How do I link my LinkedIn profile to my articles on WarehouseIQ.com?
To have your LinkedIn profile showing next to the articles you have published on Warehouse IQ, you will need to authorize WarehouseIQ.com to borrow the information from your public profile.
To do this, simply login to WarehouseIQ.com by visiting the home page and then clicking the top right hand link that reads: “Sign in“. Enter your login and password. From there you will be logged in and you will be taken back to the home page. Go back to the top right hand link and click your name “YourLoginName” (e.g. “JohnDoe”). You will be taken to Your Profile page.
At the bottom of your profile page is a button that reads: Profile type. Click LinkedIn and then update profile. You will then be taken to a page that offers you to authorize WarehouseIQ.com to link your LinkedIn.com public info to your WarehouseIQ profile.
Click “clicking here” which will take you to an authorization page. Log in to Linkedin on that page. Your public LinkedIn profile will then be visible to readers of your articles.
Why would I want to link to my LinkedIn profile?
WarehouseIQ is a great way to distribute your knowledge and demonstrate you capabilities. LinkedIn is a great way to define who you are and create relationships in your area of expertise. By linking your LinkedIn profile, you give your readers access to who you are as a writer and expert. The reading public will be inclined to click on your LinkedIn profile link if they find your writing informative and then request joining your network, reach out to you as an advisor, seek help on a business project, offer you employment or simply offer to be your friend.
What does “Popular Articles” refer to?
Under the heading Popular Articles, you will find the most read articles to date. This is an indication of the level of interest in the subject matter, the quality of the writing or author’s knowledge, and how heavily the article has been promoted and linked to out in the web.
I have written a superb article, but it is not showing up under the most “Popular Articles” heading. What do I do?
Two approaches will increase your article’s readership: linking and search engine optimization. The catch 22 is that your article will be more read as more people read it. Frustrating, isn’t it?
First try sending out an email to your friends and colleagues letting them know about the existence of the article. If they don’t know about it, they are unlikely to read it.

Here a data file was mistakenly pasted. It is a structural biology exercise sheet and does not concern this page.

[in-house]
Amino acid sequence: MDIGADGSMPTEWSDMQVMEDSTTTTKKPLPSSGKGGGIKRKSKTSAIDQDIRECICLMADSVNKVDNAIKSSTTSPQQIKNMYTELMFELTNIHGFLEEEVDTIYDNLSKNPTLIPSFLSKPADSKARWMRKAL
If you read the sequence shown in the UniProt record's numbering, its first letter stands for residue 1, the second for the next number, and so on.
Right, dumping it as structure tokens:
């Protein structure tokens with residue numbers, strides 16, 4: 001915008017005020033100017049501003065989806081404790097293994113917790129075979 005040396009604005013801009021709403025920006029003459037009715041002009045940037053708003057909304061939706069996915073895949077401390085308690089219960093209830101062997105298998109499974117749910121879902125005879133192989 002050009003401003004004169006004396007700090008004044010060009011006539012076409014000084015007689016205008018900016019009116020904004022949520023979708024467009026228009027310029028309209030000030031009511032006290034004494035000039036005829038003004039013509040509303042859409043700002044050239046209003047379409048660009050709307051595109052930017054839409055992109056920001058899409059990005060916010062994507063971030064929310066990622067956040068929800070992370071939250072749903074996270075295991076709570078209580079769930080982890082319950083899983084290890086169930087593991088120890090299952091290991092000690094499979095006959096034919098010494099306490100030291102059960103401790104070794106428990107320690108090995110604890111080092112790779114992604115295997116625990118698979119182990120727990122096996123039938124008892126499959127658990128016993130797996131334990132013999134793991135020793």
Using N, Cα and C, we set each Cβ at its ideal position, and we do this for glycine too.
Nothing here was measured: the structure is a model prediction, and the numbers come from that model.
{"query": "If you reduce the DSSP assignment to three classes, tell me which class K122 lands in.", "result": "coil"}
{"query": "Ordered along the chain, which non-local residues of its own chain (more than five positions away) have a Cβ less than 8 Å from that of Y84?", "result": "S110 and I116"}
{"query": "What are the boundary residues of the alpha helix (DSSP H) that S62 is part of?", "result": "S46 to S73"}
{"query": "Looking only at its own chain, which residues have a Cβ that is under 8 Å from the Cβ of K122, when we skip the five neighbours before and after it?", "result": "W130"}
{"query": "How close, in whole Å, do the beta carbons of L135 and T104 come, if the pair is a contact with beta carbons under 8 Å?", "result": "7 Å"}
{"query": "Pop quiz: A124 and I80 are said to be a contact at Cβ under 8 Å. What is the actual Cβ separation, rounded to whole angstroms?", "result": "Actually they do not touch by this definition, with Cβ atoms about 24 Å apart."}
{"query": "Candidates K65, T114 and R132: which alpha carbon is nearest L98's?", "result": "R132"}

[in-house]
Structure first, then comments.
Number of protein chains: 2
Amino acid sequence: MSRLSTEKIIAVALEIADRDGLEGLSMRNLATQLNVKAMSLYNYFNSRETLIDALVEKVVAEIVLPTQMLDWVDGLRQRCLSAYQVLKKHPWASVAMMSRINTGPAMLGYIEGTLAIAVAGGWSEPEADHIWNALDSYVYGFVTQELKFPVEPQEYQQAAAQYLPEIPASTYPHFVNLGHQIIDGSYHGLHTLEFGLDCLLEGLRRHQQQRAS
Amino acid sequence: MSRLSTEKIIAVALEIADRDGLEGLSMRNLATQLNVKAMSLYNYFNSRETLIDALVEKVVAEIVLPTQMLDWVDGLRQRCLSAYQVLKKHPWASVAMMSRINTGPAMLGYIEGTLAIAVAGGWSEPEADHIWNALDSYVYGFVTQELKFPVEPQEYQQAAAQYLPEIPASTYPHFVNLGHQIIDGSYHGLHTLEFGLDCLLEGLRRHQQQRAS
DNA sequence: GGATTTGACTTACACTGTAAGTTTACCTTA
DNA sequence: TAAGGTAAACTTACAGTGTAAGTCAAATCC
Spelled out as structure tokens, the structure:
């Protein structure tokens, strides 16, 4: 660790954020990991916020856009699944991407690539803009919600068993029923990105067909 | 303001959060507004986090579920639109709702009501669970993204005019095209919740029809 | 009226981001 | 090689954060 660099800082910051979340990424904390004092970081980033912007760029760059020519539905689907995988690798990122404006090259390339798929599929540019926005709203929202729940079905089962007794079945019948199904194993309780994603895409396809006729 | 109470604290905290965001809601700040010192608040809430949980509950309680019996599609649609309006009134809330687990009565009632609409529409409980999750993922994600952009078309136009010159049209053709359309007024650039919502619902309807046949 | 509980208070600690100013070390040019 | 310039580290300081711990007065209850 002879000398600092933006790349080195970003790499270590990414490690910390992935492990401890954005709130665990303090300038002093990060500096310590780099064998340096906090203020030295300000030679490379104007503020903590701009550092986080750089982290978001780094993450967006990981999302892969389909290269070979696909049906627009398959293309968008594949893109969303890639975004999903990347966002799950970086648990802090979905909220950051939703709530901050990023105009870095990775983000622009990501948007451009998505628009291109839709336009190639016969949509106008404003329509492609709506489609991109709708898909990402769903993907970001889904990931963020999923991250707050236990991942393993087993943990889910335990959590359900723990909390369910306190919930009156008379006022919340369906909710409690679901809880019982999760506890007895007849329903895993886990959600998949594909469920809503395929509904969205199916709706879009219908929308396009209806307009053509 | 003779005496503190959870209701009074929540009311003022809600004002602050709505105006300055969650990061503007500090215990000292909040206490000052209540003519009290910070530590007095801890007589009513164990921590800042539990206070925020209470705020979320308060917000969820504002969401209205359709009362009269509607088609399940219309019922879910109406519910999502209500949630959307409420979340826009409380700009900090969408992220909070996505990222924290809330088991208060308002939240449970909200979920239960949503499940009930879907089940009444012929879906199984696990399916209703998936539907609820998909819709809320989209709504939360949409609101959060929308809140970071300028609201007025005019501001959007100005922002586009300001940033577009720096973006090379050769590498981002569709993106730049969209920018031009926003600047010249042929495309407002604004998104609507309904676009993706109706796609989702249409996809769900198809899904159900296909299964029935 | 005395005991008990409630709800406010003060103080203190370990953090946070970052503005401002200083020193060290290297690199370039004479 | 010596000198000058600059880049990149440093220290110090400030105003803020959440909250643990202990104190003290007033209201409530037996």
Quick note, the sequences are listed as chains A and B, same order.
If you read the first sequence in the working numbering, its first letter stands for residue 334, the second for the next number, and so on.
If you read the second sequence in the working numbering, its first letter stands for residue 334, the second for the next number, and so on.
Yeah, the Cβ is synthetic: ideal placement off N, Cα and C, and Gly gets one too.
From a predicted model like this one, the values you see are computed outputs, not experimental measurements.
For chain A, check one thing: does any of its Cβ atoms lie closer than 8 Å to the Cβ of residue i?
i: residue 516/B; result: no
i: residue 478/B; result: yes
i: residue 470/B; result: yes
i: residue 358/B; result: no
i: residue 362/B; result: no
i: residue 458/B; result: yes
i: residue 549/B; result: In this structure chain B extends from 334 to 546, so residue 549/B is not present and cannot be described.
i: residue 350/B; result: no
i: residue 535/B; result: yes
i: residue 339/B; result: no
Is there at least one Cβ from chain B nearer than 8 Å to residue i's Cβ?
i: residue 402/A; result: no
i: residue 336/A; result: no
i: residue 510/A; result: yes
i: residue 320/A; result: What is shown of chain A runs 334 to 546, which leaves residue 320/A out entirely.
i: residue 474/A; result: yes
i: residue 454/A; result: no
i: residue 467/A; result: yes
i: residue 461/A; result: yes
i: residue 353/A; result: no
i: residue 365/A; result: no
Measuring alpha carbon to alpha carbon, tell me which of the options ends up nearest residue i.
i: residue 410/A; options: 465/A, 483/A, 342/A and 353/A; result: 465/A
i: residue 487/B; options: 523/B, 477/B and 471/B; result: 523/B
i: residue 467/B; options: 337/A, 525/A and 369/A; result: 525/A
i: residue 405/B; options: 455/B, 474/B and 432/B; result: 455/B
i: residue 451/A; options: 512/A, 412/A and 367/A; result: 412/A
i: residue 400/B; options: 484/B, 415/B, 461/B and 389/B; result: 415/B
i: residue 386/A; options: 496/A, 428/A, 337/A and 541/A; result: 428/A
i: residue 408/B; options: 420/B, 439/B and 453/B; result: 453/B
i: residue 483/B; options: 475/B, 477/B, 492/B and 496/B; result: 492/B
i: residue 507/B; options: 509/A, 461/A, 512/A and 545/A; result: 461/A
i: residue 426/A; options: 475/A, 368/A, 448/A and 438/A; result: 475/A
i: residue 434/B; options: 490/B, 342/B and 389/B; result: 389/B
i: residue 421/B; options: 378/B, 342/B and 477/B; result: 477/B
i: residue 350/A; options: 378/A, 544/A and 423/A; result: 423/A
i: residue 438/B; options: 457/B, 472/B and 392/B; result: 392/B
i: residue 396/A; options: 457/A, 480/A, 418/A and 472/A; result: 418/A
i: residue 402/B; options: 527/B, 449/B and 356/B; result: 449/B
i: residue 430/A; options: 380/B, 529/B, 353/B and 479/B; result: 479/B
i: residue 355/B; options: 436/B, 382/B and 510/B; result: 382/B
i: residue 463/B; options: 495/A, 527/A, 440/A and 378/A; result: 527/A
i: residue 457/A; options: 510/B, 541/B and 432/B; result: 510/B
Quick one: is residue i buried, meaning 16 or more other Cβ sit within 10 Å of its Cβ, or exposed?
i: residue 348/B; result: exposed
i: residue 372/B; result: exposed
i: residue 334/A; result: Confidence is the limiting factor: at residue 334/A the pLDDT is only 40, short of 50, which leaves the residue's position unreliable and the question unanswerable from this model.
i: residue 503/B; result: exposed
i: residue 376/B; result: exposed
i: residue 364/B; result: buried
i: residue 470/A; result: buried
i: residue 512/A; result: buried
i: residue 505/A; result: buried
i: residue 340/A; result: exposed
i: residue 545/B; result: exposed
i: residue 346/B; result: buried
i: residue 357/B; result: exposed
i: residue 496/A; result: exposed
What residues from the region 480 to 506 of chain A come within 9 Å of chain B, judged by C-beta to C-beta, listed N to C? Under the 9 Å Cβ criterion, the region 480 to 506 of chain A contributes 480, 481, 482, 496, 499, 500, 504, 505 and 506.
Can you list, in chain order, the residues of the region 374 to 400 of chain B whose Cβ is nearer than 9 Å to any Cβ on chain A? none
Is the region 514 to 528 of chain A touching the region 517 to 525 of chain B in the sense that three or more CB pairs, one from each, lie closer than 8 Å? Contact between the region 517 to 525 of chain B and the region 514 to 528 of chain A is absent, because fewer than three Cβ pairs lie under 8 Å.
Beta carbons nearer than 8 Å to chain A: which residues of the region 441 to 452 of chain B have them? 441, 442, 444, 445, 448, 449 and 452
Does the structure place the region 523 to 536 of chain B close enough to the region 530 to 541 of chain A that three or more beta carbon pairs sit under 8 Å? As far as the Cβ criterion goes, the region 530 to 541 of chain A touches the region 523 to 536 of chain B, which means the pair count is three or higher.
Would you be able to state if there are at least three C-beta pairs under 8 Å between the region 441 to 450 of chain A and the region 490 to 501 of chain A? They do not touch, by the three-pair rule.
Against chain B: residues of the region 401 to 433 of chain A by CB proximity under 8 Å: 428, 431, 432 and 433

Second, send out a link to the article to your network on LinkedIn. Ask for feed back from the people you know personally.
Third, post a link to your article on an Industry discussion group on LinkedIn and other places. Ask for feed back and comments. Comments help strengthen the message in your article, provide good feedback on your idea and help your refine your writing.
Fourth, join newsgroups and post a link to your article. See what folks say.
Fifth, send out a link through your Twitter account. If you don’t have an account, sign up here: www.twitter.com If you were wonder what Twitter is, you can find out more information here: http://en.wikipedia.org/wiki/Twitter
What is SEO? How do I get my article ranked highly on Google and Bing?
Search Engine Optimization (SEO) is simply the term given by experts to a webpage’s ability to be found on the web. As most of the WarehouseIQ.com’s traffic comes from web searches, being found is key to your article’s visibility. Here are some steps to increase the article’s google juice:
- Search for your own article or a similar article to yours online. Notice the search terms you use to find it. If the article is about running a better warehouse, ask yourself, if you were to look for info on running a better warehouse, would you search “run a better warehouse” or would you ask “How can I improve my warehouse operations?” Use this type of search term use in you article’s headline: “How to Improve Warehouse Operations” .
- Provide valuable information in your articles. Don’t list words and don’t write incomplete sentences. Google loves valuable well written information.
- Complete your thoughts. If you write “…when managing your operation…” you of course are speaking about the warehouse operation. You know that, the reader knows that (it is understood from the context of the paragraph) but Google has no idea. Finish your thought by writing instead: “…when managing your warehouse operation…”.
- When including images, be sure to fill out a description, title, and alt tag explanation of the photo. Google, despite its name, does not have eyes. So you have to tell it exactly what it is looking at.
Why would I care if my article is ranked under Popular Articles?
With your article listed in the top 8 articles, all your writing will be visible to the reading public. Once a visitor clicks on the most read article, he or she will see down the right hand side the rest of the articles you have written. This helps drive traffic to those articles also.